Max Vorspan

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Max Vorspan (died June 2002) was an American rabbi, professor, historian, and administrator at the American Jewish University, and leader in the Los Angeles Jewish community.[1] He was the founder of the Pacific Southwest Region of the United Synagogue for Conservative Judaism, and the co-author of The History of the Jews of Los Angeles.[2]

Vorspan attended the Jewish Theological Seminary in New York, where he was ordained. After serving as a chaplain in Saipan during World War II,[3] he began teaching at the University of Judaism, eventually rising to the position of Senior Vice President. For 18 years, he hosted a weekly Sunday-morning public affairs talk show on CBS named Commitment. He also served as the associate director of the Brandeis Bardin Camp Institute.[1]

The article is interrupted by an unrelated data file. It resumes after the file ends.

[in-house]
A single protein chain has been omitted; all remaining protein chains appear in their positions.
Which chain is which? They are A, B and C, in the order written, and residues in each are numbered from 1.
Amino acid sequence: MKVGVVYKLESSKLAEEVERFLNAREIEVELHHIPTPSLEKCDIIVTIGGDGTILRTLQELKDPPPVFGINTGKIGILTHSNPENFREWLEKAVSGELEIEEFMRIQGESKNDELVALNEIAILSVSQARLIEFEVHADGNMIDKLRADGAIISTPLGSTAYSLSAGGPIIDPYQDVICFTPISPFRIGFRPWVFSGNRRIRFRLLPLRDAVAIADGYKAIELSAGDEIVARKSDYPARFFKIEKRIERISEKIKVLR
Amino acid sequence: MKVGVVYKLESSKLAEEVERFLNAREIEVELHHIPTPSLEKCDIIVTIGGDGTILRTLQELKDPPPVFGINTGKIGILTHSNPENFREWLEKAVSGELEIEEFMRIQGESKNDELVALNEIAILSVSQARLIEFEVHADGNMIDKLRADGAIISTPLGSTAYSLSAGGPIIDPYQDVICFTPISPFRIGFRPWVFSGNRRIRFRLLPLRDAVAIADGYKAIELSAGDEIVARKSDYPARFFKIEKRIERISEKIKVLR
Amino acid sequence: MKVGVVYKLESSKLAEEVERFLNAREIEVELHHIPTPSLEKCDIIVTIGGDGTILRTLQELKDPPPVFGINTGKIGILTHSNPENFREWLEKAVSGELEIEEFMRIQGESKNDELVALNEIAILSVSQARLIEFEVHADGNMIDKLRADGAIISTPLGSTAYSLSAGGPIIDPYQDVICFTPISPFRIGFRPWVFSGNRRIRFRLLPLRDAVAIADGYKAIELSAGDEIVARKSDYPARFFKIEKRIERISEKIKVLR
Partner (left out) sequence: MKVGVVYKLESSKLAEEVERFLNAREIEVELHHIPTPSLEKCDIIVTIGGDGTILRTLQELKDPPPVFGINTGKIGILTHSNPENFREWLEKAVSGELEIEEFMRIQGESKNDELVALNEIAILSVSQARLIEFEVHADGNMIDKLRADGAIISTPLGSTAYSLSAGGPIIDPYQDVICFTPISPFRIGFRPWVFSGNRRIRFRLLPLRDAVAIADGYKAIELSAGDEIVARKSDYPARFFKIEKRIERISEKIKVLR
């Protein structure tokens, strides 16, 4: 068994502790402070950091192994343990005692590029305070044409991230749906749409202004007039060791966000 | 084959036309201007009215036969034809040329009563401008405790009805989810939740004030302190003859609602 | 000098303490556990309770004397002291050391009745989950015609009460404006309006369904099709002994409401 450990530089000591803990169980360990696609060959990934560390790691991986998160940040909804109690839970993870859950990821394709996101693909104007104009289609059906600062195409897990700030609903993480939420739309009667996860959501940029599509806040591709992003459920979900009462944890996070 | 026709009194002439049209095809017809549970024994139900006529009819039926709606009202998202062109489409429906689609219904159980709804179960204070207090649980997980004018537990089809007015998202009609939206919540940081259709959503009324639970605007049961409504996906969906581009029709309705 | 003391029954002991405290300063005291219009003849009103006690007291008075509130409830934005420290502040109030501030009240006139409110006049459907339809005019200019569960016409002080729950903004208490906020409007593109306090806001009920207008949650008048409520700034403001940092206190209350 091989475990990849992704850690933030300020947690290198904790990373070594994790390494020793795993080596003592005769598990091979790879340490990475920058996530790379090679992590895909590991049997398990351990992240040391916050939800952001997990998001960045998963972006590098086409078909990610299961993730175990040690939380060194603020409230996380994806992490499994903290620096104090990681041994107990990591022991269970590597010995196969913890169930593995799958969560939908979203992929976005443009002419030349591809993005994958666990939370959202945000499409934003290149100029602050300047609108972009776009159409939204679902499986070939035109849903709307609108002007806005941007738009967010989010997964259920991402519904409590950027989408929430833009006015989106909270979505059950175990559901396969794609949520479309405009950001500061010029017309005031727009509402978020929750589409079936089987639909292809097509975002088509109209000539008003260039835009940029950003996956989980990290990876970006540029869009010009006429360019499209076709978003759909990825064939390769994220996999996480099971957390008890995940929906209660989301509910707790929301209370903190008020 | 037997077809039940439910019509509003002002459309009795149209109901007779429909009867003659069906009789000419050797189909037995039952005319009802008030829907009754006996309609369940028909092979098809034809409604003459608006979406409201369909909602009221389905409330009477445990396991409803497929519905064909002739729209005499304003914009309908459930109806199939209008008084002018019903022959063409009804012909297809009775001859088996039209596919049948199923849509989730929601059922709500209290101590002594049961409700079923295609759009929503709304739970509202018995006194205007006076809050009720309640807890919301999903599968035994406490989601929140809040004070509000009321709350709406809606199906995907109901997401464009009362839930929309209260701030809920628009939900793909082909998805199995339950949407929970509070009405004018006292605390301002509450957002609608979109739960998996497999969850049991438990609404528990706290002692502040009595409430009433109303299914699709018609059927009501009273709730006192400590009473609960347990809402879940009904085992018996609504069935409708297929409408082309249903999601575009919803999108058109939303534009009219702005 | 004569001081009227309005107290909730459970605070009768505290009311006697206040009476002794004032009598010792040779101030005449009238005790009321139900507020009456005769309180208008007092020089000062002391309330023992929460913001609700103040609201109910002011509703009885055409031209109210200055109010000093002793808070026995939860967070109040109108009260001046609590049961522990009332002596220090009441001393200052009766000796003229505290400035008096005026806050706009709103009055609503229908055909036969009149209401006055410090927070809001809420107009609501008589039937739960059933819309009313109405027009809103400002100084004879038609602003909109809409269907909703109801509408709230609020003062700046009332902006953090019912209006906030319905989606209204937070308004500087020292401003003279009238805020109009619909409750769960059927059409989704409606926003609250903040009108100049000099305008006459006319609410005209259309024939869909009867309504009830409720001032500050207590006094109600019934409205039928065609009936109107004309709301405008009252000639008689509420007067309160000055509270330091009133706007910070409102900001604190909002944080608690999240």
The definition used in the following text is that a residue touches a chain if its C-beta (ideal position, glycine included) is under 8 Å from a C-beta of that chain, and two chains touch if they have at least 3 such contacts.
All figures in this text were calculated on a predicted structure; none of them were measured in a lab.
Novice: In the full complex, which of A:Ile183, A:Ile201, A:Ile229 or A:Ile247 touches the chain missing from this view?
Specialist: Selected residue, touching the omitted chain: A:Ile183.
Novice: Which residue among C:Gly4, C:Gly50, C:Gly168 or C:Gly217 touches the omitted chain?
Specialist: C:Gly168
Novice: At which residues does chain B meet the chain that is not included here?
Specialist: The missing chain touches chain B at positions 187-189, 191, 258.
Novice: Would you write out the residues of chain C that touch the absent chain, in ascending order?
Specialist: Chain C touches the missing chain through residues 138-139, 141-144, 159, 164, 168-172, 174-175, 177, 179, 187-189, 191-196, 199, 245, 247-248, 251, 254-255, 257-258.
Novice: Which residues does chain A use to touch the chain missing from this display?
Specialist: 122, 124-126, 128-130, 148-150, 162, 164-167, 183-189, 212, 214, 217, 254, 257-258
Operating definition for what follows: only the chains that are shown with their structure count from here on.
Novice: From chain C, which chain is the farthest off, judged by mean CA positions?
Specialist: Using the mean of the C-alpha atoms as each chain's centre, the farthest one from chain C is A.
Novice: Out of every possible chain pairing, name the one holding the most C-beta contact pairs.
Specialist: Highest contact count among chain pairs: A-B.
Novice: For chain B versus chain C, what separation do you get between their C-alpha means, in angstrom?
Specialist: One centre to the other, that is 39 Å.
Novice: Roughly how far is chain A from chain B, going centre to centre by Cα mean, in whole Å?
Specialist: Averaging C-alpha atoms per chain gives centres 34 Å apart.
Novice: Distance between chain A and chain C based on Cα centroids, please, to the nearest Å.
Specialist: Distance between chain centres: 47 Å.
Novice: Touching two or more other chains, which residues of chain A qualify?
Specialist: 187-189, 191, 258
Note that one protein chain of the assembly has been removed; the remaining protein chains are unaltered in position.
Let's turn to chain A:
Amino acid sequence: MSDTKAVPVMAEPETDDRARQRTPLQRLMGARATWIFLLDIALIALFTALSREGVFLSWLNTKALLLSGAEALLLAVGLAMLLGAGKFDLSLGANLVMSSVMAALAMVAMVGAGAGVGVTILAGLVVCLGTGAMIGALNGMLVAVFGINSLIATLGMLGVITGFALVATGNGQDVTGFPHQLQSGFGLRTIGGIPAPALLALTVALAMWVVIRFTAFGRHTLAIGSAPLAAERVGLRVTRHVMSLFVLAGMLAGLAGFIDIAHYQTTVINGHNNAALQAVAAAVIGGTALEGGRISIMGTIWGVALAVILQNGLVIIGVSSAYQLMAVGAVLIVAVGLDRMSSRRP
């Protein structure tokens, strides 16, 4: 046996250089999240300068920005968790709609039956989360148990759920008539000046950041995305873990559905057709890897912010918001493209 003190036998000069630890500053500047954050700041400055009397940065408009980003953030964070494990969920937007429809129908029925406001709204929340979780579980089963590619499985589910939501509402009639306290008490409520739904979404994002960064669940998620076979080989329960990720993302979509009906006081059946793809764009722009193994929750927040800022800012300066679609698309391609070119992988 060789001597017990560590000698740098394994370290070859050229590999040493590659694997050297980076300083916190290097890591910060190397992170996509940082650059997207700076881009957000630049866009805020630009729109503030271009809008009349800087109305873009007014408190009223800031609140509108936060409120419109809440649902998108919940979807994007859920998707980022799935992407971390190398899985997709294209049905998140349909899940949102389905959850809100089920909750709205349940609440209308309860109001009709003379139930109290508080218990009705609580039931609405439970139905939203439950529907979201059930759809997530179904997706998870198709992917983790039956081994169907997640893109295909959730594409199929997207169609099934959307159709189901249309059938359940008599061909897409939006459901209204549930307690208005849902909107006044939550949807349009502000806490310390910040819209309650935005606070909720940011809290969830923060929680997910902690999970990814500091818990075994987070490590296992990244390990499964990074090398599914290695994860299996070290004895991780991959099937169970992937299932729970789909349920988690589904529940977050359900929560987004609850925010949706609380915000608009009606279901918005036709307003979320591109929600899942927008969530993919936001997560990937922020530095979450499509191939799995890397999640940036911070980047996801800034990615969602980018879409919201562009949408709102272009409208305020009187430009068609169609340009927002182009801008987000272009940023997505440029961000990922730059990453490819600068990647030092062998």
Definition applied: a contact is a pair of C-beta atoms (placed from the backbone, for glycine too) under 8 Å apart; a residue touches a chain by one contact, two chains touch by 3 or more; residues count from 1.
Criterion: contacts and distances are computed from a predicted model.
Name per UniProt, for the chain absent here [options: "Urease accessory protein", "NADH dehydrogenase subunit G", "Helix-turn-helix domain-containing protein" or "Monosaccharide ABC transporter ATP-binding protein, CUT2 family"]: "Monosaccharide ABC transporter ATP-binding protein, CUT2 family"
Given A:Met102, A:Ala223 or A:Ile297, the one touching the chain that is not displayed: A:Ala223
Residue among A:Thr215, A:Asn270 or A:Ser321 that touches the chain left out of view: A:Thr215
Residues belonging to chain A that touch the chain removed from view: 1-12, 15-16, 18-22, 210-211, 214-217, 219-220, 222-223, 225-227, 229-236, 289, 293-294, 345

Co-authored by Lloyd P. Gartner, Vorspan wrote The History of the Jews of Los Angeles in 1970, chronicling the Jewish community's growth from the first establishment of the City of Los Angeles until the present day.

Vorspan died at the age of 86 in June 2002.

Family[edit]

Several of Vorspan's family members are also active in the Jewish community. Albert Vorspan, his brother, is an author and Director Emeritus of the Commission on Social Action of Reform Judaism.[4] His son, David Vorspan, is founding rabbi of Congregation Shir Ami, and Rabbi-in-Residence of New Community Jewish High School.[5]

References[edit]

  1. ^ a b http://articles.latimes.com/2002/jun/16/local/me-vorspan16, Los Angeles Times, "Rabbi Max Vorspan, 86; Scholar and Historian", June 16, 2002, retrieved April 30, 2011.
  2. ^ http://www.jewishjournal.com/community/article/la_mourns_loss_of_two_leaders_20020621/, Jewish Journal, "L.A. Mourns Loss of Two Leaders", June 20, 2002, retrieved April 30, 2011.
  3. ^ https://www.jewishvirtuallibrary.org/jsource/judaica/ejud_0002_0020_0_20513.html, Jewish Virtual Library, "VORSPAN, MAX", retrieved April 30, 2011.
  4. ^ http://reformjudaismmag.net/301av.html, Reform Judaism, "Rabbi Alexander M. Schindler 1925-2000", retrieved April 30, 2011.
  5. ^ http://www.shirami.com/rabbi.html, Congregation Shir Ami website, "Rabbi Vorspan", retrieved April 30, 2011.

External links[edit]